Spontaneous dissolution of graphene in super acids investigated using mean field theory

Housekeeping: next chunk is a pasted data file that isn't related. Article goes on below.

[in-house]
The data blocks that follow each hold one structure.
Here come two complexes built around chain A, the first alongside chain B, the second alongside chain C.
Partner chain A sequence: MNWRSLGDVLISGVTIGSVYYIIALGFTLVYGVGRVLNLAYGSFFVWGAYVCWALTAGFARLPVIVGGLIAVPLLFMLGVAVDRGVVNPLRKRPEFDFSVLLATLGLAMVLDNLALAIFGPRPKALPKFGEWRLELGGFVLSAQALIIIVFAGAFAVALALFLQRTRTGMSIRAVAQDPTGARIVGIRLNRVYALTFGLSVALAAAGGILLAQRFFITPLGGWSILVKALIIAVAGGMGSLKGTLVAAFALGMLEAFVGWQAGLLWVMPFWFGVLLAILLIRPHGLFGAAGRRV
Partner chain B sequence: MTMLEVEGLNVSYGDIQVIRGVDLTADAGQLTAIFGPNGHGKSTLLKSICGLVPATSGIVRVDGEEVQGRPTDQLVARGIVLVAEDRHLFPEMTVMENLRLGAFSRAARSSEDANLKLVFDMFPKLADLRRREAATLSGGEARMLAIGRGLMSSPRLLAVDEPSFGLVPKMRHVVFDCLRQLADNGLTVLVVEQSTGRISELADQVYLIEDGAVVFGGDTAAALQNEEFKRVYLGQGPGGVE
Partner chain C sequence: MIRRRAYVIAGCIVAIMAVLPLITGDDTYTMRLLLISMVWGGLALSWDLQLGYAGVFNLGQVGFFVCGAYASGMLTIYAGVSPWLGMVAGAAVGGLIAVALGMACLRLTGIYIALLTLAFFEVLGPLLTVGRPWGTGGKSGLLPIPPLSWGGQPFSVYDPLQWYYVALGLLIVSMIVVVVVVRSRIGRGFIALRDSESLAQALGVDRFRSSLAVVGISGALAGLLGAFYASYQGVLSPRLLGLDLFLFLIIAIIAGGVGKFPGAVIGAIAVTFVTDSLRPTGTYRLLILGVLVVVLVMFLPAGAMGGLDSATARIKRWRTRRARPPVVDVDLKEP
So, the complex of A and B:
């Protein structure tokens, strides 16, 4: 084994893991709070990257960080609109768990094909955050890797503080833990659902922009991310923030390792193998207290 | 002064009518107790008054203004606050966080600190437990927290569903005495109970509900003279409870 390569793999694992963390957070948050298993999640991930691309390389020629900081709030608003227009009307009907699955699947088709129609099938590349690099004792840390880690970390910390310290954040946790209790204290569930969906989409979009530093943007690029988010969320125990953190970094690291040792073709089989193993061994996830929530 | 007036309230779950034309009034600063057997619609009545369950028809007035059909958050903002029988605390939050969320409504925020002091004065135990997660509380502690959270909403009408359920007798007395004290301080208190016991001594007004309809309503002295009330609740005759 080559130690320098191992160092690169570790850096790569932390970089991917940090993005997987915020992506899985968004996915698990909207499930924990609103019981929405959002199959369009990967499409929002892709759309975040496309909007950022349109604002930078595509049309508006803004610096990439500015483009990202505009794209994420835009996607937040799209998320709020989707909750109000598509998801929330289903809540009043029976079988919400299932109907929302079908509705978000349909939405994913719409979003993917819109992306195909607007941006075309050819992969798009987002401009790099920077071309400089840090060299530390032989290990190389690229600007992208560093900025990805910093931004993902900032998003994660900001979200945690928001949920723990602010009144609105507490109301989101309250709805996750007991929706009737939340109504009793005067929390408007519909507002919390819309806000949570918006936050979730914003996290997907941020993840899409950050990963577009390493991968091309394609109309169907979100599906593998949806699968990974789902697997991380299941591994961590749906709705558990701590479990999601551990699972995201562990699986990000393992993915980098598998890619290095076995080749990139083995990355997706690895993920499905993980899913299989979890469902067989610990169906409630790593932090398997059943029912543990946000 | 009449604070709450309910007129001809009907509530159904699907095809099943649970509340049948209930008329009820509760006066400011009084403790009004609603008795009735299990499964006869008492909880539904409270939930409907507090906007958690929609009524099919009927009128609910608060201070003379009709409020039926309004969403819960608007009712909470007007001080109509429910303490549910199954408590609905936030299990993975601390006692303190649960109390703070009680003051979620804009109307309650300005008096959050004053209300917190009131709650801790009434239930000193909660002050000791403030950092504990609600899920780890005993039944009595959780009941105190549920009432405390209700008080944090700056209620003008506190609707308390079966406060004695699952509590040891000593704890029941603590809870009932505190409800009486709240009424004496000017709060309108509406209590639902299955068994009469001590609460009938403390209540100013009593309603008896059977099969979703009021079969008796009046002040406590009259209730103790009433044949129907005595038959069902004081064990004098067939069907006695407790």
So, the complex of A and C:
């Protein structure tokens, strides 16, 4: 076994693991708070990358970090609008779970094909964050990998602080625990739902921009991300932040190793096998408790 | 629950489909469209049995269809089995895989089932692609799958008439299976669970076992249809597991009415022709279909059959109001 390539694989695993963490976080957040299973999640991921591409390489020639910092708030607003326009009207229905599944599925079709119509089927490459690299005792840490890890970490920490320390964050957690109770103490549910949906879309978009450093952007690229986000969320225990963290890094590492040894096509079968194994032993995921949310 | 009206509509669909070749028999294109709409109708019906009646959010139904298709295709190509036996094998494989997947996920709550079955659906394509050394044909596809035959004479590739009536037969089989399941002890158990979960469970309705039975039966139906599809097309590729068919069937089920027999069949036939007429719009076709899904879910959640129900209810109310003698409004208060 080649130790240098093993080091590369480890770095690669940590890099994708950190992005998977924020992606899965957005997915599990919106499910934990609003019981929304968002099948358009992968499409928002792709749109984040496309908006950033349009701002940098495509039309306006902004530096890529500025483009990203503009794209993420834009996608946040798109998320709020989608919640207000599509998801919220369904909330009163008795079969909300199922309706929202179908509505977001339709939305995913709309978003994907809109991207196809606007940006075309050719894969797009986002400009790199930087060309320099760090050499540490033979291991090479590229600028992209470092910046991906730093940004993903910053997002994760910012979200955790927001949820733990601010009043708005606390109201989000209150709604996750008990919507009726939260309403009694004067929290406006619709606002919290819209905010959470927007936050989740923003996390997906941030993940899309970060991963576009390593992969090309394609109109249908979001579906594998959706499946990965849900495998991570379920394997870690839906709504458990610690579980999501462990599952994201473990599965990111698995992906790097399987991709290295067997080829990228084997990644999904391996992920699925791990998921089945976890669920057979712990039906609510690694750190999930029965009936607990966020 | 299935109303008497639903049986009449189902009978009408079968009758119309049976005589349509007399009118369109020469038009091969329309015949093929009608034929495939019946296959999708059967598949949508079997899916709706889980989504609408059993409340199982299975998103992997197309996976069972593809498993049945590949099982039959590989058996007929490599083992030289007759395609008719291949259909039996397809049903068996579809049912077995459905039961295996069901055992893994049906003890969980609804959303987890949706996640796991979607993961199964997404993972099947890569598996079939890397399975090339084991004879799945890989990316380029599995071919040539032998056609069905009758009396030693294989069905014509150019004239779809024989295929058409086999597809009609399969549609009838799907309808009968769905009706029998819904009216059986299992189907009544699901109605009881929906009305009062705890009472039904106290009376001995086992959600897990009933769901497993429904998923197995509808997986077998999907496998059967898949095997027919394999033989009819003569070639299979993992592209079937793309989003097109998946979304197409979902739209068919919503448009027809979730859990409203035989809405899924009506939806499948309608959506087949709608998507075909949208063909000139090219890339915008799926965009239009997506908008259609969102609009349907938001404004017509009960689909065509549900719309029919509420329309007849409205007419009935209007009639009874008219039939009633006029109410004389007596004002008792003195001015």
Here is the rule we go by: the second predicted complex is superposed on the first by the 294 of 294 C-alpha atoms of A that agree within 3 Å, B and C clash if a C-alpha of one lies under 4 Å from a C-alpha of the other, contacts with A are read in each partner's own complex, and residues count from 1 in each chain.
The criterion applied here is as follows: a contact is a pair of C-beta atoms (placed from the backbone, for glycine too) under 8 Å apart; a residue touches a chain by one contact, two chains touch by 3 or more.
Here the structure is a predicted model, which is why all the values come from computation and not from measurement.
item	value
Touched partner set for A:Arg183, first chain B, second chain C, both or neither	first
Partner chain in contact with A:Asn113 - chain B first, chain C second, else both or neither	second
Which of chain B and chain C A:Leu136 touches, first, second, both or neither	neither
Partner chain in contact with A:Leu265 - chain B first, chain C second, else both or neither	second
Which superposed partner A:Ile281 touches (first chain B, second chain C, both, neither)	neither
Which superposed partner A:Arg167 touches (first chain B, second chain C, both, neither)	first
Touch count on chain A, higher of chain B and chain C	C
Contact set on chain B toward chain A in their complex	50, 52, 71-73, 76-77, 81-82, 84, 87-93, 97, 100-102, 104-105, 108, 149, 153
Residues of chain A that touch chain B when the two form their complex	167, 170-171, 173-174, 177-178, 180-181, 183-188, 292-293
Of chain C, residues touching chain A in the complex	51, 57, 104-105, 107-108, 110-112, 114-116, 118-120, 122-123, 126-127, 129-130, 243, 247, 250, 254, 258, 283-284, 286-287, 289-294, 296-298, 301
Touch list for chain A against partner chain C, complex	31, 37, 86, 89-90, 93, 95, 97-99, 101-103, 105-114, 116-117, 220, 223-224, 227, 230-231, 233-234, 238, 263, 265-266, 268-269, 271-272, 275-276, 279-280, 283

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Graphene and other allotropes of carbon, such as carbon nanotubes, cannot be dissolved in common solvents such as water or alcohols. Dispersion is possible with the use of surfactants, but this requires sonication. It was experimentally found that spontaneous dissolution is possible however in super acids, such as chlorosulfonic acid. From Raman spectroscopy measurements it is concluded that hydrogen ions, formed by the autodissociation of the acid, bind to Carbon atoms in graphene and carbon nanotubes and, by Coulombic repulsion cause a disjoining pressure that explains the dissolution. To validate this claim, we set up a mean-field theory using charge regulation to describe the disjoining pressure between platelets of graphene due to electric double layer interactions. We consider several complicating factors such as the image charge effect and the finite thickness of the graphene platelets. Our final conclusion is that, within the limitations of our model, double layer repulsions cannot explain the spontaneous dissolution of graphene in chlorosulfonic acid.